Some of the men Elledge profiles in his book may not have been historically significant with very little information available about many of them, but they add a historical context to what it was like to live as a gay man.  Compared with today’s societal standards, your way of life was often misunderstood and mischaracterized (for example, a man who penetrated another man was masculine and, therefore, not a homosexual).  The types of queer men that received the most scrutiny were the ones viewed as feminine.  Female impersonators received the most trouble because their behavior was more visible than the type of queer man who dressed in a masculine man.  During the 1800s, a man who dressed as a woman could be imprisoned.

I’ve been living in Chicago for nearly eight years.  I’ve explored a lot of this city, but there is so much I still haven’t seen.  Not only that, but there is a ton of history to explore.  I have so much left to learn about the city from a modern context, but I also feel compelled to understand and contextualize its history as well.  Knowing many of the neighborhoods now in 2018, it is so fascinating to learn how different those same neighborhoods were during the latter half of the 19th century.

For example, consider the area north of the Chicago River.  The Near North and River North neighborhoods are home to amazing restaurants, condos, high-fashion shopping, hotels, and other qualities you would find in an affluent neighborhood. However, during the late 1800s, this area was a Bohemian neighborhood called Towertown.  In Towertown, gay men with little money could find cheap accommodations and live within a community where their non-queer neighbors were more tolerant of their way of life.  Many of these men were artists, performers, and transients who could, within societal reason, feel free to be unapologetically queer.  Female impersonators could walk the streets freely and other types of queer men could pursue sexual conquests at any of the local clubs.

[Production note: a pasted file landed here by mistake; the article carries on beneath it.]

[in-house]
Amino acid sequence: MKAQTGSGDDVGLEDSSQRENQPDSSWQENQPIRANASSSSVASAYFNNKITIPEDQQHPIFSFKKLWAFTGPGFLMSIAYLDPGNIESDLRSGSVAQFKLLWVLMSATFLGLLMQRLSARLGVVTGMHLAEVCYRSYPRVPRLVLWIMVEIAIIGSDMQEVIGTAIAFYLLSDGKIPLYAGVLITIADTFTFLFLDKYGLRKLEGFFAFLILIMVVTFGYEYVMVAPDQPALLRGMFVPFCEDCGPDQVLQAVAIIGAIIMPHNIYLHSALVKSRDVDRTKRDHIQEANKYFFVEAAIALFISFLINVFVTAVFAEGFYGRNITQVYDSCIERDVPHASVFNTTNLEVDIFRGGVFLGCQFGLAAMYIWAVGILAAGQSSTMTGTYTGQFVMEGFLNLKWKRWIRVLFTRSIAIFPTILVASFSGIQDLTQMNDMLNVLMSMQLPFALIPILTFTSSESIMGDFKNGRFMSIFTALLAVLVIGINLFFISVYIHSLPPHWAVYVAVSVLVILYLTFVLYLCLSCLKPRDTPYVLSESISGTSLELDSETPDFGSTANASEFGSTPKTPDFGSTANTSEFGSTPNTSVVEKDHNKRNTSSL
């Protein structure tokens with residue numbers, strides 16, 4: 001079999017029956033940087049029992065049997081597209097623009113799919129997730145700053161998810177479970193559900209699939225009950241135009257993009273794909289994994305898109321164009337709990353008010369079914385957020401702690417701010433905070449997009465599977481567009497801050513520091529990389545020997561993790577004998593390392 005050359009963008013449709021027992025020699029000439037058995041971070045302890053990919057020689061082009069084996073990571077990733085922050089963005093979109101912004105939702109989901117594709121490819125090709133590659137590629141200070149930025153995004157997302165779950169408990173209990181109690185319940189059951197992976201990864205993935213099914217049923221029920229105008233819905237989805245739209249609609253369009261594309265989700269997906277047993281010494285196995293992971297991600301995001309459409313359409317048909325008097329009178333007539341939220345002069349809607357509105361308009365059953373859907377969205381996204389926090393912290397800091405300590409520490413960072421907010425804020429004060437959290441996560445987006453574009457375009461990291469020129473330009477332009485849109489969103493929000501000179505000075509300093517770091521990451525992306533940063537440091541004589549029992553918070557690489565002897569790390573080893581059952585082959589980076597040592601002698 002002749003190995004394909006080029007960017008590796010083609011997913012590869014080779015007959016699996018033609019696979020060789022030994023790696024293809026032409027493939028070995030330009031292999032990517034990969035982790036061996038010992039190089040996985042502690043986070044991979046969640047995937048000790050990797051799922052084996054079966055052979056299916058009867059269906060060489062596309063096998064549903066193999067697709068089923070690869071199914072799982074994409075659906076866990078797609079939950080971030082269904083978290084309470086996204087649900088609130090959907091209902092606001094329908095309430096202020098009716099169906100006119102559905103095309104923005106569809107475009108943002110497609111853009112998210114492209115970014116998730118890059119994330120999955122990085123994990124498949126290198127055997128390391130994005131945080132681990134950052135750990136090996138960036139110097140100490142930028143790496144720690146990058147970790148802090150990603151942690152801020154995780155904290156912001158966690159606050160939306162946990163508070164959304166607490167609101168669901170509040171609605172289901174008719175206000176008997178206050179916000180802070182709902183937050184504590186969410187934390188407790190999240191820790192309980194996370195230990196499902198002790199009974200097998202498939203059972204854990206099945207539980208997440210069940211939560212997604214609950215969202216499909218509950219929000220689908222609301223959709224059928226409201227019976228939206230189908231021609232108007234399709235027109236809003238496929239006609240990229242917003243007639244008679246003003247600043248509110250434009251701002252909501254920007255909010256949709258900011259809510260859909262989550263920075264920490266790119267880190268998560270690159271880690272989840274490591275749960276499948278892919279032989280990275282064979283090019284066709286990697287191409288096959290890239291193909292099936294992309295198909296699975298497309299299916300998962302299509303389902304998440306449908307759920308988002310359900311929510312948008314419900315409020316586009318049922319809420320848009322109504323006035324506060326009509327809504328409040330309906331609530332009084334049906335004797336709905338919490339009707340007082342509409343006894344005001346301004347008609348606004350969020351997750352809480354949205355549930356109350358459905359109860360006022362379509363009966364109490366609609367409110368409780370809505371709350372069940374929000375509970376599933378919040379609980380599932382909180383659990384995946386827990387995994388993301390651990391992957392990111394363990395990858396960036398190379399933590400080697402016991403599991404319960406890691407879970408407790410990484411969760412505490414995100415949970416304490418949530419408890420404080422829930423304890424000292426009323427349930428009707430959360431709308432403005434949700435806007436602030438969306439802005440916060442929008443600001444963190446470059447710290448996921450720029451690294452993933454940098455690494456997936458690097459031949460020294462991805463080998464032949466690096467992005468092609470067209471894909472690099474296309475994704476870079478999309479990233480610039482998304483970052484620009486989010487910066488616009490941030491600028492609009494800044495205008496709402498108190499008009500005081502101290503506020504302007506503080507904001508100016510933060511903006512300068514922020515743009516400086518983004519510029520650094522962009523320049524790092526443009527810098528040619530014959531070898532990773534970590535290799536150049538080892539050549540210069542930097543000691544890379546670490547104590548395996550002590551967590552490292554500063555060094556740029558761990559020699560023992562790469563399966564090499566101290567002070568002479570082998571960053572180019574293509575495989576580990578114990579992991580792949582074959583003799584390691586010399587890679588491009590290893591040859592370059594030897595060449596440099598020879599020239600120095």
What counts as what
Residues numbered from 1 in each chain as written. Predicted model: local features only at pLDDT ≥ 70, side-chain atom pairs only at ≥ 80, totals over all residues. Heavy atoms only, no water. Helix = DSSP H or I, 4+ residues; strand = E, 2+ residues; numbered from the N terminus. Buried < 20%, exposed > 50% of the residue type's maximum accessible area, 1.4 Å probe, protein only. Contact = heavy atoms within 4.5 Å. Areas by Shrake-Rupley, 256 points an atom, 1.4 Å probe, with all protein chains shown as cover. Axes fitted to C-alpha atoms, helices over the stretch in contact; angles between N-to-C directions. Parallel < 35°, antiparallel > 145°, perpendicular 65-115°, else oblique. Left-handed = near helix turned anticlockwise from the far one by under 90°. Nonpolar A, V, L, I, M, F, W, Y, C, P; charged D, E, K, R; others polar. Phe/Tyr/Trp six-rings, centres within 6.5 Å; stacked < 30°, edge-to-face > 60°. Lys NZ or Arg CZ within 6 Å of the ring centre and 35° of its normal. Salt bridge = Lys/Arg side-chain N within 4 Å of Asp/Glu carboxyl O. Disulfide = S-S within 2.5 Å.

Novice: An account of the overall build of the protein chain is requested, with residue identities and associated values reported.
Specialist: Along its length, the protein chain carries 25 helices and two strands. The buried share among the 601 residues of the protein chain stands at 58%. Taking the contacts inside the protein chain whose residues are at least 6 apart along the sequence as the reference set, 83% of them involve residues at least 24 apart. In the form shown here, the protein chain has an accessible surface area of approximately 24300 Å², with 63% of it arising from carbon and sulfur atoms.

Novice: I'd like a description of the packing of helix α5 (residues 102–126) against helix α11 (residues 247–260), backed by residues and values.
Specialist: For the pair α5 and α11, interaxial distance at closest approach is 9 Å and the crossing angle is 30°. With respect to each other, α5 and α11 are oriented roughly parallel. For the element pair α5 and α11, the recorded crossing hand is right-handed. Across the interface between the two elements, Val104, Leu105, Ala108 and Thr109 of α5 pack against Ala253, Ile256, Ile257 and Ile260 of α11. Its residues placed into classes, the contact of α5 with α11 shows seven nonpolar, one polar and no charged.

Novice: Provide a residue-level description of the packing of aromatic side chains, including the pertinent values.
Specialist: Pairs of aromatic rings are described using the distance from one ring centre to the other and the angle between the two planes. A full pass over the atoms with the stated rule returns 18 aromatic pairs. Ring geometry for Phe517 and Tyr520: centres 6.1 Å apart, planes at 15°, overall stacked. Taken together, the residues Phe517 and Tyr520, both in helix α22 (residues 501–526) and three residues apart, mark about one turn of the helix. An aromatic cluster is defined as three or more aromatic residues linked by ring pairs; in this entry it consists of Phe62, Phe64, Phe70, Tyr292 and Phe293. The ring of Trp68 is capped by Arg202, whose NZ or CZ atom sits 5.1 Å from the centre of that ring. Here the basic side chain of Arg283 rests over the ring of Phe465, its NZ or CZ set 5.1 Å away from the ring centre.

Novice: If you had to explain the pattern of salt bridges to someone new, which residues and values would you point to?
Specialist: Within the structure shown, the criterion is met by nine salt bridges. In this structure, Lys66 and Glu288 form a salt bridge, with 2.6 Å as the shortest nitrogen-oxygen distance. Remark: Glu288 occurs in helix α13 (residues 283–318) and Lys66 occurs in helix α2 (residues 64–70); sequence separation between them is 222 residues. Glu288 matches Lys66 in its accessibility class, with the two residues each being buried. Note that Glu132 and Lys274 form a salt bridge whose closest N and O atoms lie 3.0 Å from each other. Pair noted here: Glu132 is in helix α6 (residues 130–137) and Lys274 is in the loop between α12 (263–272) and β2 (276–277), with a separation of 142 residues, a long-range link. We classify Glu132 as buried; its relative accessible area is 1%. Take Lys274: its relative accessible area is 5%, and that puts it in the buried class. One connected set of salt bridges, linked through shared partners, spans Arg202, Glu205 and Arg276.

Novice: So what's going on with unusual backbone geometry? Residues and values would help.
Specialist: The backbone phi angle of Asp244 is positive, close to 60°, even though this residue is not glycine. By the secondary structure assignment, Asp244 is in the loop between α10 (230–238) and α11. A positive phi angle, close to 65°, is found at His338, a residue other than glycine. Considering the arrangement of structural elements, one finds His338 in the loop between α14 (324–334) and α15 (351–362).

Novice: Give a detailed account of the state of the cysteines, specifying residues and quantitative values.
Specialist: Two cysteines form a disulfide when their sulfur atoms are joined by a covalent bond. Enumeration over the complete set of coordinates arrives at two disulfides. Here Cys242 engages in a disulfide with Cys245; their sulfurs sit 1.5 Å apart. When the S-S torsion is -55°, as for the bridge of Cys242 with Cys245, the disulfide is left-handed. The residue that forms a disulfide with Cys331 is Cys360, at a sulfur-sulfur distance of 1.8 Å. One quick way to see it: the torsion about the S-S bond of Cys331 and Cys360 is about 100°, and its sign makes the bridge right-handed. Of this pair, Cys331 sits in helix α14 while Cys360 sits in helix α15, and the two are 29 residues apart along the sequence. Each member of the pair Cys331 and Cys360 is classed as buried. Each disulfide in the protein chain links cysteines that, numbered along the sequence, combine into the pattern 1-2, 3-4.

Other areas of the city were profiled as well and had their own distinctive qualities.  In the 1800s, Chicago became a major railroad hub.  Young men from around the country could hop the trains and ride the rails away from whatever they were trying to escape.  Whether they were running from the law, abusive parents, or towns where their queerness was problematic, many of these young boys and men found refuge in Chicago.

In the West Side, where the railroads were serviced and operated, existed several hobo jungles where vagabonds lived and were serviced by the young boys coming off from the trains.  There existed an active queer culture among the hobos who occupied the rail cars and abandoned buildings in the area.  Even young men new to the city could make some money as prostitutes in the area.  Their quality of clothes wouldn’t get them business from the wealthier older gay men at State and Randolph, but they could scrape together a few dollars here and there to survive.

While the Bohemians of Towertown and hobos of the West Side contributed to the city’s colorful and varied tapestry of queerness, the real action was in Bronzeville.  Bronzeville, in Chicago’s South Side, is a predominantly African American neighborhood that was built up after many African Americans fled to the north from the south in what is referred to as the Great Migration.